Monday, April 22, 2019

Day 22 – “If-You-Were” Poem for #NationalPoetryMonth and "30 poems in 30 days"

This is a fun little poetry form called “If-You-Were

This is actually a quatrain (4 lines) in which the last sound of lines 2 and 4 rhyme, giving it the following rhyming pattern: a•b•c•b.

But no required meter – no counting syllables. J

It also has two metaphors (remember, a “metaphor” is a "figure of speech" in which a term or phrase is applied to something which is not literally applicable in order to draw a comparison).

A metaphor is NOT the same as a simile. A simile uses the word like or as in order to make a comparison, whereas metaphors use is or are. So if you say “If I were” or “If you were” and name a thing (noun), it is a metaphor.

A sample sentence using a simile:
            Your hair is like golden flax.

Here is basically the same sentence but used as a metaphor:
            Your hair is golden flax.

So, there’s a little grammar lesson for ya’ – sorry, it’s the teacher in me.

OK, back to the instructions

Line 1: start with: “If you were” and then add a metaphor.

Line 2: start with “And I were" and then add your second metaphor.

Lines 3 & 4 ~ tell something you could do together and make sure that line 4 rhymes with line 2. That's it! Simple!

I learned about this little poetic form created by Charles Ghinga by perusing his site. Here is what he has to say about it (taken from his “Father Goose Blog” with his permission) ~ "How to Write a Poem" ~ you need to scroll down until to get to this poetry form:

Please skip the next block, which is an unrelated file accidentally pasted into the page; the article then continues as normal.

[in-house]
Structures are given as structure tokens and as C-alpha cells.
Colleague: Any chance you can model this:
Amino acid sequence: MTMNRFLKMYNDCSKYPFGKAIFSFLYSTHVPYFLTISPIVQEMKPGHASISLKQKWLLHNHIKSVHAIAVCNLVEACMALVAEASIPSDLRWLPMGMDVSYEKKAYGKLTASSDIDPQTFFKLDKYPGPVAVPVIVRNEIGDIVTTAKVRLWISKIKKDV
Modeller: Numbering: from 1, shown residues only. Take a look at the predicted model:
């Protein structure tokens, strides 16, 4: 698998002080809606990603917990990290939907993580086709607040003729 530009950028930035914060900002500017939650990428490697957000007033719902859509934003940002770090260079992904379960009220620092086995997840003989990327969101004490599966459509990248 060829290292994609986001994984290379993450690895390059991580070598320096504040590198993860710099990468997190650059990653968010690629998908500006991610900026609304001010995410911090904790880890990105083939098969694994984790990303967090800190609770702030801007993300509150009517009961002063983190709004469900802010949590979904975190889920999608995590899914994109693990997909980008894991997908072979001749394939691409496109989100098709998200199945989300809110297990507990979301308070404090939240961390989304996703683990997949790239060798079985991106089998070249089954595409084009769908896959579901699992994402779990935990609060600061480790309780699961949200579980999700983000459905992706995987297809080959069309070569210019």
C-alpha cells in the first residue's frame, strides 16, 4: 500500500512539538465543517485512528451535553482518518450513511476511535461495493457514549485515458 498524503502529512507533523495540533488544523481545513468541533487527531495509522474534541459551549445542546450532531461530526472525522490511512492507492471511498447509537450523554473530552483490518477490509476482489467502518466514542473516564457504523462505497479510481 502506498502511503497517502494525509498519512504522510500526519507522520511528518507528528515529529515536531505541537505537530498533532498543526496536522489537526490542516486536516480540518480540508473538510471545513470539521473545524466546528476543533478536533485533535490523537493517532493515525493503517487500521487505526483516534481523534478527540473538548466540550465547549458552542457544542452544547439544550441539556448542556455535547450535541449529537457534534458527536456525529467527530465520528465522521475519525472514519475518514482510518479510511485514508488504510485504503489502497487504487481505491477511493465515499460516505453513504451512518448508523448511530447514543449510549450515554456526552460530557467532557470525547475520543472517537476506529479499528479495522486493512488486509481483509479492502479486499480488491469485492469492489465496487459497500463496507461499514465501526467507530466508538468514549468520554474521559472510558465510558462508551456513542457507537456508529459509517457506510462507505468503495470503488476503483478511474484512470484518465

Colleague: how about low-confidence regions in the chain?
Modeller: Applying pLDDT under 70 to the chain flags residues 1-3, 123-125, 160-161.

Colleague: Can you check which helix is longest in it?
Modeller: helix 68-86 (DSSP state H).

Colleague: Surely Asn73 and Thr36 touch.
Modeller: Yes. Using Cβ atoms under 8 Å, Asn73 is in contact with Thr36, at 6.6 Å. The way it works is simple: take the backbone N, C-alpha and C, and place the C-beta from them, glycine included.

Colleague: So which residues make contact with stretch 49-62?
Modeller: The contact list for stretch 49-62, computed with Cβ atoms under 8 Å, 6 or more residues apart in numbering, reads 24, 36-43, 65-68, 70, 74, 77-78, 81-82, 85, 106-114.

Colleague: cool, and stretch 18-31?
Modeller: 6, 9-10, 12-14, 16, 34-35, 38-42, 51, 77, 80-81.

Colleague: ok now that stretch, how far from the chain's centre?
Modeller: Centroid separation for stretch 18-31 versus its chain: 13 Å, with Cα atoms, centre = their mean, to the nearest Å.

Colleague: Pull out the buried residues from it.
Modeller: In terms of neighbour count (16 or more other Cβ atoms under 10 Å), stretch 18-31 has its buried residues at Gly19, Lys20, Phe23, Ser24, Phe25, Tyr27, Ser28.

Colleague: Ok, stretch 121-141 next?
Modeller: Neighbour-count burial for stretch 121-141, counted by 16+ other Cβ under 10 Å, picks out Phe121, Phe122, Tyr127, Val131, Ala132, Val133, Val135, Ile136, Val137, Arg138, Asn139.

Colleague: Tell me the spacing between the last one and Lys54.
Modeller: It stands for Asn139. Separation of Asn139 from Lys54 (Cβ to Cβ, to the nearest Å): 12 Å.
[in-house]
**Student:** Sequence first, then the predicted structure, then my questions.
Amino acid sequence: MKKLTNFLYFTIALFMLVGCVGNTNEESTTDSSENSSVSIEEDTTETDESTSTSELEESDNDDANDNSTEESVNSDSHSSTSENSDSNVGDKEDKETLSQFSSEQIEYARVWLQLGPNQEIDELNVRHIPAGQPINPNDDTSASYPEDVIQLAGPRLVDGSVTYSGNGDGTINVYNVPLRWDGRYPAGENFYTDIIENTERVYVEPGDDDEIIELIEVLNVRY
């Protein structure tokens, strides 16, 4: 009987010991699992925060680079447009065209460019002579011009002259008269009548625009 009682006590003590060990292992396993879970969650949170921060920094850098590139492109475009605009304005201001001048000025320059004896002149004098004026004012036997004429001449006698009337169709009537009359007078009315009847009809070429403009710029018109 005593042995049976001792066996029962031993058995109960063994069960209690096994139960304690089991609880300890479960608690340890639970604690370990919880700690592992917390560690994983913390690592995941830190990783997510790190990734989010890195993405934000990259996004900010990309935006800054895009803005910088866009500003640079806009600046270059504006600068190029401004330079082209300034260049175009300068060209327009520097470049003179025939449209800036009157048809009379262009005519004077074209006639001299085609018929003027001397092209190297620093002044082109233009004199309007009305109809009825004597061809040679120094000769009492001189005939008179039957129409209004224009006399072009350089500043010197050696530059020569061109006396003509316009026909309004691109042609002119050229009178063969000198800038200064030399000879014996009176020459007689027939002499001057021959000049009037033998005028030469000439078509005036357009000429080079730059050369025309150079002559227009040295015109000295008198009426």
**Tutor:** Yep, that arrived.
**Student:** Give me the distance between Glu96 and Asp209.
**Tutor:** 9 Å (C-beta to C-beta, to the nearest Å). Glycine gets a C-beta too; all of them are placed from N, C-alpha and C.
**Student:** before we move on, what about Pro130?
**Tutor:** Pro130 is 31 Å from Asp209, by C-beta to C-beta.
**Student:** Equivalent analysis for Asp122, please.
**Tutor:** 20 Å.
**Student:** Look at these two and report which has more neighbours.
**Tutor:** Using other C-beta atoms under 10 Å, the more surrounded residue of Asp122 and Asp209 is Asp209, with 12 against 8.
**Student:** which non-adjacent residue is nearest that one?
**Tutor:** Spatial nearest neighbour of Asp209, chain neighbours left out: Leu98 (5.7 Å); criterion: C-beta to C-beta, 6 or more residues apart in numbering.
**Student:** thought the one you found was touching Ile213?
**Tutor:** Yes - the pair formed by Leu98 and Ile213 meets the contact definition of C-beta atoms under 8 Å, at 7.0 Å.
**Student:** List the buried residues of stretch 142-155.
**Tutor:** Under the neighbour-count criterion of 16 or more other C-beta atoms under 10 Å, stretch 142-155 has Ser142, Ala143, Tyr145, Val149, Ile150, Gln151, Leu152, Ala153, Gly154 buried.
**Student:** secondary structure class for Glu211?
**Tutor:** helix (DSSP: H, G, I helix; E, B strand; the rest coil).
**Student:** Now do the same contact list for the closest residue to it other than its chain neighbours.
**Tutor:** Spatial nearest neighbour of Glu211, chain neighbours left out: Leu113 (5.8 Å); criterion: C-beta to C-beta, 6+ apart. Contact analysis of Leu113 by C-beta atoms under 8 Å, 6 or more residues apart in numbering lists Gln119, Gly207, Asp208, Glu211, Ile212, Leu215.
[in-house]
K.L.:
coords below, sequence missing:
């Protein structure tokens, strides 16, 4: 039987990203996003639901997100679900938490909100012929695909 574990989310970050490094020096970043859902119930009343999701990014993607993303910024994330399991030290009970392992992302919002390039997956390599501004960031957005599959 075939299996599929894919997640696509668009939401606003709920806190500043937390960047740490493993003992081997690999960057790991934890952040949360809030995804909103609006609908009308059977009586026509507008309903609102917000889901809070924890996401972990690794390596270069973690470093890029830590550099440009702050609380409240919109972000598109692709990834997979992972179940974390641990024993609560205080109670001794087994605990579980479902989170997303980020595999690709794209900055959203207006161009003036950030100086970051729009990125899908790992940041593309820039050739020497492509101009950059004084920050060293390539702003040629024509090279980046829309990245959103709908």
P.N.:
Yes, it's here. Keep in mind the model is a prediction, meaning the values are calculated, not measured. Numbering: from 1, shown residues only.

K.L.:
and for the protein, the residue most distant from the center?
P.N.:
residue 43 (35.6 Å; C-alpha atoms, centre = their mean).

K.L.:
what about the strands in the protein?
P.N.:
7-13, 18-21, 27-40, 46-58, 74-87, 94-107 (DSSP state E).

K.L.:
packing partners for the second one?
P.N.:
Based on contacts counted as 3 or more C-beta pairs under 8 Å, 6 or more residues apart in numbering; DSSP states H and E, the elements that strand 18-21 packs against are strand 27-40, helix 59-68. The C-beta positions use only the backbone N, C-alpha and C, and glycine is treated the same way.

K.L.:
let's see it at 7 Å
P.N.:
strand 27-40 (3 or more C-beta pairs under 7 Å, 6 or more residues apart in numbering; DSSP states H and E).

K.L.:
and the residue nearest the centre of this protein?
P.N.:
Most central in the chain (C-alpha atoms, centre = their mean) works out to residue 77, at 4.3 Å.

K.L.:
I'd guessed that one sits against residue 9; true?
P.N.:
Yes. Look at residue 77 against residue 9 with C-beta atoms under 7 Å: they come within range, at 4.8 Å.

“I created the If-You-Were poem many years ago to help introduce children to the  
         magic of metaphor. The If-You-Were poem is simple and fun. It invites you to  
         compare yourself to something and to compare your friend to something else.”

And if you go to his page, you can find three more example poems, as well as several other fun and simple poetry forms for all ages, especially children. 


If you were a flower blossom
And I were a bumble bee,
I’d drink of your nectar
And make honey, you see.
                        © 2019 Stephanie Abney

If you were a candle
And I were a match,
I’d light your wick brightly
And some shadows we’d catch.
                        © 2001 Stephanie Abney

Yeah, these are both pretty lame. I can’t wait to read your far better examples! Have fun! Cheers!!

PLEASE REMEMBER ~ any poetry found on this blog, written by me, is my personal property and may not be used without my permission, other than sharing it as an example in a lesson or to read it to someone. The same goes for any poems that are shared in the comments of this blog or elsewhere online as a result of this challenge. They are the creative property of the person who writes them. These poems are their original work and no one may use them without their permission. It is understood that they own the copyright for them as soon as they post them. Thanks so much!

Also, if you choose to post your poems on your own blog ~ that’s awesome. But PLEASE don’t just copy and paste my daily instructions, but rather post your poem on your blog or your FB wall or wherever AND LINK BACK TO THIS BLOG POST for others to come here to read the instructions. I’ve spent considerable time researching the poetry forms and writing them up to share with you. Thanks for respecting my work.

Photo credit: Thomas Schiewer at Pixabay (flower & bee)


Heidi L. Murphy said...

Good morning! Here are my poems:

Connie Cockrell said...

I had to resort to a rhyming site but I managed to get some done. Here's one.

If you were the sky,
And I were a cloud,
The picture we’d make,
No smoke allowed.